In this era of Early Bird Satellite news broadcasts, we have come to worship the "god of speedy communication." The contemporary aim is to vie for the honor of being first in reporting the latest news morsel. The medical equivalent of this trend is the emphasis upon reporting the latest drug, a previously unreported diagnostic technique, or the existence of a rare and enigmatic disease. The ultimate step may well be an international contest to find a cure for which there is no disease.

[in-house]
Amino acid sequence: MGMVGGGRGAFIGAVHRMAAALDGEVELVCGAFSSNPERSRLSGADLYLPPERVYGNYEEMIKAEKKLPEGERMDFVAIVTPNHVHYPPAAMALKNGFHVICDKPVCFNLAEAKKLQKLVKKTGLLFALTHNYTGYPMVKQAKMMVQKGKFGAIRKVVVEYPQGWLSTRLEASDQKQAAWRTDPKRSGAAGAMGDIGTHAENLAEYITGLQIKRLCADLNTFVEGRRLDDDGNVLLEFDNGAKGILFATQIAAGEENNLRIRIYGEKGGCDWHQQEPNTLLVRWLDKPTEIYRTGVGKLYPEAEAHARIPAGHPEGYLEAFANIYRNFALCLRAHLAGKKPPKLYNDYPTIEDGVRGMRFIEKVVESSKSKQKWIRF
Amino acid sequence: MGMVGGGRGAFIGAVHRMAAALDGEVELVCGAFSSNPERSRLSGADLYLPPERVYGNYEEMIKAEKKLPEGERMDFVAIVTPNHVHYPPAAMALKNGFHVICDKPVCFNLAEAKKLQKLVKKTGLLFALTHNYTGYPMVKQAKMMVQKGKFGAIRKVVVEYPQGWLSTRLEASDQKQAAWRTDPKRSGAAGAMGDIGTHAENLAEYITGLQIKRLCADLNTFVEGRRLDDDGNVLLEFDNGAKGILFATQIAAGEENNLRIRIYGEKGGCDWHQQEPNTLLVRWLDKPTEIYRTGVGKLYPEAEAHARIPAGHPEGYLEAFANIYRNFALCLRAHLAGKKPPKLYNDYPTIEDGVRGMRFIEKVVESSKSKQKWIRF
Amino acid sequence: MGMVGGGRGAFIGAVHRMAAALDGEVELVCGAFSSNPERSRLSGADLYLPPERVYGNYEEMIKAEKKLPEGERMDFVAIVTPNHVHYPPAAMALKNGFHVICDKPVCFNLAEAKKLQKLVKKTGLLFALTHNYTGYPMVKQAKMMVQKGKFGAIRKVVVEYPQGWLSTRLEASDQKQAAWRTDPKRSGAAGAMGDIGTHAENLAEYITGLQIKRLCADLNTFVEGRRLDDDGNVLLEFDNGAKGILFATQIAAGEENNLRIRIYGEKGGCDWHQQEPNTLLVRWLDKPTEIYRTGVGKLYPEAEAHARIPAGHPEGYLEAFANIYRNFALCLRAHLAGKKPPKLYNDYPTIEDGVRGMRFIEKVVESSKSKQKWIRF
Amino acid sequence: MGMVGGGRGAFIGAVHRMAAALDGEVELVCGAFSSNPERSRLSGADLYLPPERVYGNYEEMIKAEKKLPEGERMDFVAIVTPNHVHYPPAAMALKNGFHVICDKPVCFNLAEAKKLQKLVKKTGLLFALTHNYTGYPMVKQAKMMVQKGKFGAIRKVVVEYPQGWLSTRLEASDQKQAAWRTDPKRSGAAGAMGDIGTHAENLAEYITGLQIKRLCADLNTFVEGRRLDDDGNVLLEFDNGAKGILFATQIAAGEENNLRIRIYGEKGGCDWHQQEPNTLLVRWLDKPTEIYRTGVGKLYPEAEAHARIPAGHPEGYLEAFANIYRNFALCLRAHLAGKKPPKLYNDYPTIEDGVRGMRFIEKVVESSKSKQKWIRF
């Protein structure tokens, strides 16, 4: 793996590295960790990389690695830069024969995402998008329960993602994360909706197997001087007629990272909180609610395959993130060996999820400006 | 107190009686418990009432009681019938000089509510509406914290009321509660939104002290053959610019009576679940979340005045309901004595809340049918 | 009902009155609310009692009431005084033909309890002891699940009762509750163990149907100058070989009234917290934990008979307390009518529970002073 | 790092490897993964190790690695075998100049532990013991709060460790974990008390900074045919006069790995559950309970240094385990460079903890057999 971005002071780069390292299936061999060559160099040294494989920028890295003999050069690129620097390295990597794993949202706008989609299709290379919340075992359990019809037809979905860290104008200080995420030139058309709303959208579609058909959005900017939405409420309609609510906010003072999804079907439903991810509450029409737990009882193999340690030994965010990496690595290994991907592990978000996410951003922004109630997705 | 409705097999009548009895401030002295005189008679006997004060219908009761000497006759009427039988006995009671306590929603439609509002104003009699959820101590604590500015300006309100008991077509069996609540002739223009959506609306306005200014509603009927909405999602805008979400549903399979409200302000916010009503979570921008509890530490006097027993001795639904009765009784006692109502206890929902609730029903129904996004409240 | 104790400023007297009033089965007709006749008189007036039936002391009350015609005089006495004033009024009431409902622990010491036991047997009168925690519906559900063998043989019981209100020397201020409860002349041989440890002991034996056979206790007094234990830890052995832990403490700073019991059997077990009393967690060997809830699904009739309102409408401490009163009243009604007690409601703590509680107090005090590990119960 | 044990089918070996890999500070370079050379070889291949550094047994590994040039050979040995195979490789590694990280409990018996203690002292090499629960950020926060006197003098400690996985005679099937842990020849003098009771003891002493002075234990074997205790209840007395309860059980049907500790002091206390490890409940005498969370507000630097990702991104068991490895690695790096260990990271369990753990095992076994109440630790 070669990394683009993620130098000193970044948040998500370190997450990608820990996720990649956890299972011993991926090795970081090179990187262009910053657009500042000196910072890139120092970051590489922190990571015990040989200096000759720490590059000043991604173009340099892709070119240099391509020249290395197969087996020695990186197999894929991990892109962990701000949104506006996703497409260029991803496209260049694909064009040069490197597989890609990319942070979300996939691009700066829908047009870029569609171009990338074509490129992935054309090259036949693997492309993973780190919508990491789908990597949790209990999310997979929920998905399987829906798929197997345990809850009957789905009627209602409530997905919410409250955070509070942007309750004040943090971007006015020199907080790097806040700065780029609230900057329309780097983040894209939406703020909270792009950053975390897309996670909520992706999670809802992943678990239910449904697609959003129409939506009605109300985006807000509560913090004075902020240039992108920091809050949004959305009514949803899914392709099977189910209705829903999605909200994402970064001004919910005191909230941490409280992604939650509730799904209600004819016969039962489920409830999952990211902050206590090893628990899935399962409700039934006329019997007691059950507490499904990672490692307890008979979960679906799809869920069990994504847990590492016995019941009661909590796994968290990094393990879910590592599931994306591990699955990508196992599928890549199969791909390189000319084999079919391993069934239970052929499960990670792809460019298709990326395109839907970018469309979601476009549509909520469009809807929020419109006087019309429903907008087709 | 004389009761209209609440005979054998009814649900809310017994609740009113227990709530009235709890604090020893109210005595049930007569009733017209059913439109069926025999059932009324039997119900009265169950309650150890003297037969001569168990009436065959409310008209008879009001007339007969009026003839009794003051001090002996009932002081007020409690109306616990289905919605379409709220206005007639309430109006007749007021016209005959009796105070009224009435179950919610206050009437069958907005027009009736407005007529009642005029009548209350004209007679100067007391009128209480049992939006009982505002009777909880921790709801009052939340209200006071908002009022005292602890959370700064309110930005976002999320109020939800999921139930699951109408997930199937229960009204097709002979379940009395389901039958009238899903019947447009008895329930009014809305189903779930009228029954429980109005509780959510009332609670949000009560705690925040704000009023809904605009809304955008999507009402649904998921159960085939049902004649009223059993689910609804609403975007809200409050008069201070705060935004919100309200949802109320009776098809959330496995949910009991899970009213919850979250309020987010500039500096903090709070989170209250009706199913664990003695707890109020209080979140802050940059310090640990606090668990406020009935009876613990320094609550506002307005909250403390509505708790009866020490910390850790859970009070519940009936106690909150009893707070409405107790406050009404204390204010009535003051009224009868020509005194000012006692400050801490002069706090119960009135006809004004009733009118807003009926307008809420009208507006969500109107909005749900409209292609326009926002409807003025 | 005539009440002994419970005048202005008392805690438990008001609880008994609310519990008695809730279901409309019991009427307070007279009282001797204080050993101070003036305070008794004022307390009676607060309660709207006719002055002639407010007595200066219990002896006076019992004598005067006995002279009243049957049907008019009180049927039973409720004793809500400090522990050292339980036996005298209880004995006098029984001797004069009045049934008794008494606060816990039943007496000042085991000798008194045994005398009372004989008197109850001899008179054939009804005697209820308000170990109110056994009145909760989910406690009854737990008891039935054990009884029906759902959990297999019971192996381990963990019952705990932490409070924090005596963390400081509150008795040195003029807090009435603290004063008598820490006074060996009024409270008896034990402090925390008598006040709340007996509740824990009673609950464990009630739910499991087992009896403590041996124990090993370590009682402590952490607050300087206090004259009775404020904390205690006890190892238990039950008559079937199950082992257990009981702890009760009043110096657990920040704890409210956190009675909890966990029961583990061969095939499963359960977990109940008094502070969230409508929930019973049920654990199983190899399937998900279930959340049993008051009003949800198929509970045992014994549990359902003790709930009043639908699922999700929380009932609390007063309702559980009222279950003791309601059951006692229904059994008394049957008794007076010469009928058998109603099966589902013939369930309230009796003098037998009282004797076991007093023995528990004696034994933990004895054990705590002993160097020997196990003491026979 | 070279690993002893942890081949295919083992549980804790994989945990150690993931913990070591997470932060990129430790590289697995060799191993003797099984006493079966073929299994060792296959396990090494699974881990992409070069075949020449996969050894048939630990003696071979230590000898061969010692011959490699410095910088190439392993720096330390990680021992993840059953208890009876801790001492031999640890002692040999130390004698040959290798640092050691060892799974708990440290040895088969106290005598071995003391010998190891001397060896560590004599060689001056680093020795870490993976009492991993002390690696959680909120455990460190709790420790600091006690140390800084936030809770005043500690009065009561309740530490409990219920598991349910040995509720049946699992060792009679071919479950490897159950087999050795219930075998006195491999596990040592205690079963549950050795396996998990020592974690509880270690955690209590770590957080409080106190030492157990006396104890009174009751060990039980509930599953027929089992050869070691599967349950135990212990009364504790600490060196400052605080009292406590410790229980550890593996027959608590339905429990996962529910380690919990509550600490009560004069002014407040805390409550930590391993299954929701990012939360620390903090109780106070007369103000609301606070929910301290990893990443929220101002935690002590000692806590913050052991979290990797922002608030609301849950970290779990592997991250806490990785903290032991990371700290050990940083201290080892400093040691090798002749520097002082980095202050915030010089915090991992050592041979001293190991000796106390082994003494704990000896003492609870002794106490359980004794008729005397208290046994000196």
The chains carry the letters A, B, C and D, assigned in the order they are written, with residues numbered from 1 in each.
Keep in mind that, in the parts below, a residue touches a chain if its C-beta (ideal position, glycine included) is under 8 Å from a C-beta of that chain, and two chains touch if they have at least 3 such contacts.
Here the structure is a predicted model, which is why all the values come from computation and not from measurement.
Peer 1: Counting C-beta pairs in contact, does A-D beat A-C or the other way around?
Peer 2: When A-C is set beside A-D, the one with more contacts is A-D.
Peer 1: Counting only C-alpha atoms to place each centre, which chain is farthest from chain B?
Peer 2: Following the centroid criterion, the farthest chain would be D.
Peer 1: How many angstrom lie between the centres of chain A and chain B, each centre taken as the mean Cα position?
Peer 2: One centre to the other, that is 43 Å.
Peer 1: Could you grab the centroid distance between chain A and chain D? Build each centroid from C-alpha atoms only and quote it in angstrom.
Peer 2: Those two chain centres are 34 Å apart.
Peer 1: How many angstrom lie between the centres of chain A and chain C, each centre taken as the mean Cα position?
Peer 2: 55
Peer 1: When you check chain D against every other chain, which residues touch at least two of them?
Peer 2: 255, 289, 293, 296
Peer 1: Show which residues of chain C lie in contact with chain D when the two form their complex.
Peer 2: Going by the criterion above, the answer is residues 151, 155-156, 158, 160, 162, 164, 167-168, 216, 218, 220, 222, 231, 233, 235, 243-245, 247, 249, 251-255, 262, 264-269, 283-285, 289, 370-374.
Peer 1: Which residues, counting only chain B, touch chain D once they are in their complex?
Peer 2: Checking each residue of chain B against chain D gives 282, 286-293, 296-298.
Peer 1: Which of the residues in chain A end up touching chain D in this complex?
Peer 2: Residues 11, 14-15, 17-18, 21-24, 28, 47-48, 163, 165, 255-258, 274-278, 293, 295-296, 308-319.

These somewhat flippant comments are not meant to denigrate the importance of original investigations in the laboratory or at the bedside. We cannot deny, however, that the clamor for editorial priority for the "latest" frequently results in evanescent fads. The relegation of the review article to a second-class editorial status is another serious consequence of this unseemly haste. A thoughtfully prepared review communication serves to synthesize